FDA Rejects 4.5 Million PMTA Applications From a Single Vape Company

    On August 9, the Food and Drug Administration (FDA) ordered that 4.5 million vaping products from a single company be removed from the market.

    The FDA’s press release, available online, states that it issued the company—JD Nova LLC, which owns Vapolocity—a Refuse to File (RTF) letter because “the company’s applications for these products lacked an adequate Environmental Assessment.”

    “Under FDA’s regulations implementing the National Environmental Policy Act (NEPA),” the memo reads, “an EA must be prepared for each proposed authorization, and an EA adequate for filing addresses the relevant environmental issues.”

    Vaping manufacturers had until September 9, 2020 to submit a costly and arduous premarket tobacco product application (PMTA) for every one of their products, including each different e-liquid flavor and component separately, in order for them to remain legal. (The RTF did not apply to every application that JD Nova submitted.)

    In May 2021, the FDA posted a list of the more than 6 million PMTAs it received. The agency had essentially been given another year—until September 9, 2021—to review those applications. (Though it’s not expected to fulfill that timeframe, many consumers and businesses remain concerned about their legal standing after that date.) Should a product be approved through the PMTA process, it would come with the designation of being “appropriate for the protection of public health.”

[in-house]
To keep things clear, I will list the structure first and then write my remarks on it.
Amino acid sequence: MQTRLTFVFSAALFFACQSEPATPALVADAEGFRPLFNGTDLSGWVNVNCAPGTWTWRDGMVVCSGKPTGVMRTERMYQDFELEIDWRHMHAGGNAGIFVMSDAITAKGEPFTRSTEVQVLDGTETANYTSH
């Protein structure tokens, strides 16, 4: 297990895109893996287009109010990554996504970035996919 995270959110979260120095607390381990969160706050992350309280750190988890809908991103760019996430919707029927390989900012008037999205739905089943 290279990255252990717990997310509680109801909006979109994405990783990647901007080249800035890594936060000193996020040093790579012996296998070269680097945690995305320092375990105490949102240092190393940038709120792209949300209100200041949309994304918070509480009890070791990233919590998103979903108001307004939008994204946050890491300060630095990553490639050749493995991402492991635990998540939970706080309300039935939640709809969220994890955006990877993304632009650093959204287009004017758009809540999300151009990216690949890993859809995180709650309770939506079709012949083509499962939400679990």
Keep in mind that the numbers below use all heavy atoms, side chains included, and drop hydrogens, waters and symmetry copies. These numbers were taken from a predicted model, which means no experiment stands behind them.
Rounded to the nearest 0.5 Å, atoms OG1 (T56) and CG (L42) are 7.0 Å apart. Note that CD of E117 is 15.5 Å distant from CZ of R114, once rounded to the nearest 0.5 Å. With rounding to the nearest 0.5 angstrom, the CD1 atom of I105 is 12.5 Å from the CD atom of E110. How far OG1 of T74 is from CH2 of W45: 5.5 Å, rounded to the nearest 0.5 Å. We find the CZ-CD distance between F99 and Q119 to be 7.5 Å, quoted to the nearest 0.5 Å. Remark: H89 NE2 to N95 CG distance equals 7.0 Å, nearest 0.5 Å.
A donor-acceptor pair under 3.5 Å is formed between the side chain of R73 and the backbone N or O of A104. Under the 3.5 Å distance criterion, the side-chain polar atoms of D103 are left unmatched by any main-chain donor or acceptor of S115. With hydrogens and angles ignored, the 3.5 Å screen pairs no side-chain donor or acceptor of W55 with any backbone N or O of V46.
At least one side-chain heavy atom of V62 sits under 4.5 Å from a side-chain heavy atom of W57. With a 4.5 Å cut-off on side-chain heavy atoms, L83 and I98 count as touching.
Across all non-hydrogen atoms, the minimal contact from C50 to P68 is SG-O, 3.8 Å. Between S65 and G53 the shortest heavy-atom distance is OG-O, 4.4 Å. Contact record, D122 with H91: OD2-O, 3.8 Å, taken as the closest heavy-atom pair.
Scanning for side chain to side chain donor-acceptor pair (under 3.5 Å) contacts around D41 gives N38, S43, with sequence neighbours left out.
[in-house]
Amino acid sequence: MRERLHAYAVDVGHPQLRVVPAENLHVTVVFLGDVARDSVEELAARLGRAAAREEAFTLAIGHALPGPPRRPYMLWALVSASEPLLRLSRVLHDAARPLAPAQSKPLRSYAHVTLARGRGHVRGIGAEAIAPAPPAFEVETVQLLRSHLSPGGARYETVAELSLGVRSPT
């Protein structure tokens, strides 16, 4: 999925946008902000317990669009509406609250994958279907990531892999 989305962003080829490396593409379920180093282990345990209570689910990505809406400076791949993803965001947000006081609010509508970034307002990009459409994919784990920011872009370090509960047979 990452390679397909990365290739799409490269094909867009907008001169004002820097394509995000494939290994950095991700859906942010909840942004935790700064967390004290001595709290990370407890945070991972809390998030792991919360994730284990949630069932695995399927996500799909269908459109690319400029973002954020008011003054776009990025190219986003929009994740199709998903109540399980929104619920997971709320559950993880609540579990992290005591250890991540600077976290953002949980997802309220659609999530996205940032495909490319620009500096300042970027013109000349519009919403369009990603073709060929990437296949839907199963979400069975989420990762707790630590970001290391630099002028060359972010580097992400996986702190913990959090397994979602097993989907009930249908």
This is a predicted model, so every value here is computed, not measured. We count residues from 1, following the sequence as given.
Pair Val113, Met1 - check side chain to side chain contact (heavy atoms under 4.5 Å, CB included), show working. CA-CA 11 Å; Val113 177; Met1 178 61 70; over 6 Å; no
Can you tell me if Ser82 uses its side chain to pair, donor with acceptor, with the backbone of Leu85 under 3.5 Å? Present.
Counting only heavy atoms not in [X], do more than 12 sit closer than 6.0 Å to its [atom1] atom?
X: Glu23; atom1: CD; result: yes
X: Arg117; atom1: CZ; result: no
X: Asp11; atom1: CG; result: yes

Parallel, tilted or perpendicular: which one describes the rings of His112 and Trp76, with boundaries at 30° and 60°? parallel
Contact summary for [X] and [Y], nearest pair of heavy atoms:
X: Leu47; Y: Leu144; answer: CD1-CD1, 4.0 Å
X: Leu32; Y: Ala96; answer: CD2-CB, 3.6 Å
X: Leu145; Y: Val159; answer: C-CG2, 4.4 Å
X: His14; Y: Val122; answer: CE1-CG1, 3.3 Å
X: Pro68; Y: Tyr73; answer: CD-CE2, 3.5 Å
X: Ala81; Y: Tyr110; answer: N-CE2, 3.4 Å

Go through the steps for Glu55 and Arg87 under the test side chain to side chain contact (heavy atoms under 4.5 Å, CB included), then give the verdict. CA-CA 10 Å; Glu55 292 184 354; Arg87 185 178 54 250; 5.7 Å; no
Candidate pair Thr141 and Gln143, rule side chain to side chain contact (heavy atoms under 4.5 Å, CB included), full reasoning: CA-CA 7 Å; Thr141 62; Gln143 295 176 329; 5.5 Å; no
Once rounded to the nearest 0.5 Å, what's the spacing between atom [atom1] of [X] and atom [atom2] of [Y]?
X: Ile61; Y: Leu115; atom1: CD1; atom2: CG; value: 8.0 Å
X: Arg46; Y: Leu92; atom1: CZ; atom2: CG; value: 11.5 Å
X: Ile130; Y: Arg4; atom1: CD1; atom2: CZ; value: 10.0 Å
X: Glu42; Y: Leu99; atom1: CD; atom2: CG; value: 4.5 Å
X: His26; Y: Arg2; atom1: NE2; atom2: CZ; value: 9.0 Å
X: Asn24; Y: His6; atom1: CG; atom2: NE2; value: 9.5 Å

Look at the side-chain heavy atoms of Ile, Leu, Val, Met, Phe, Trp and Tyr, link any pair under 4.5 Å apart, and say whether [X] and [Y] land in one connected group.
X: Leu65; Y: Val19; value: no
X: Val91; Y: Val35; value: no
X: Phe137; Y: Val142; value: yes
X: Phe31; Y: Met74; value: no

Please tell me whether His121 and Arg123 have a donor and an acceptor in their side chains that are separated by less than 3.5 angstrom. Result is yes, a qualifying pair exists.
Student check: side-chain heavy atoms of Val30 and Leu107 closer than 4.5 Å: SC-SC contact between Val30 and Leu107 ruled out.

This is the first major decision from the FDA regarding the PMTA process, and while it might look like progress, it’s unclear yet how to digest the news: While the agency did appear to just eliminate 75 percent of the total PMTAs, they are all from one relatively small company that apparently did not fulfill the requirements of the process, or could not afford to do so. The FDA has another 2 million to go, and many of them are from major, well-financed companies with the means to submit robust, scientifically thorough applications.

    Still, tobacco harm reduction advocates, vapers and vape shop owners alike are left in a familiar place: confused and, of course, waiting. 

     


     

    Photograph by Vaping360 via Flickr/Creative Commons 2.0

    • Alex is a staff writer at Filter. He previously worked as a reporter and copy editor at VICE, and has been published in The New York Times MagazineThe Columbia Journalism ReviewThe Nation and The Daily Beast, among other outlets. He is also a freelance editorial consultant for the Foundation for a Smoke-Free World; The Influence Foundation, which operates Filter, has received both restricted and general support grants from the Foundation for a Smoke-Free World. Alex is currently based in Phoenix, Arizona.

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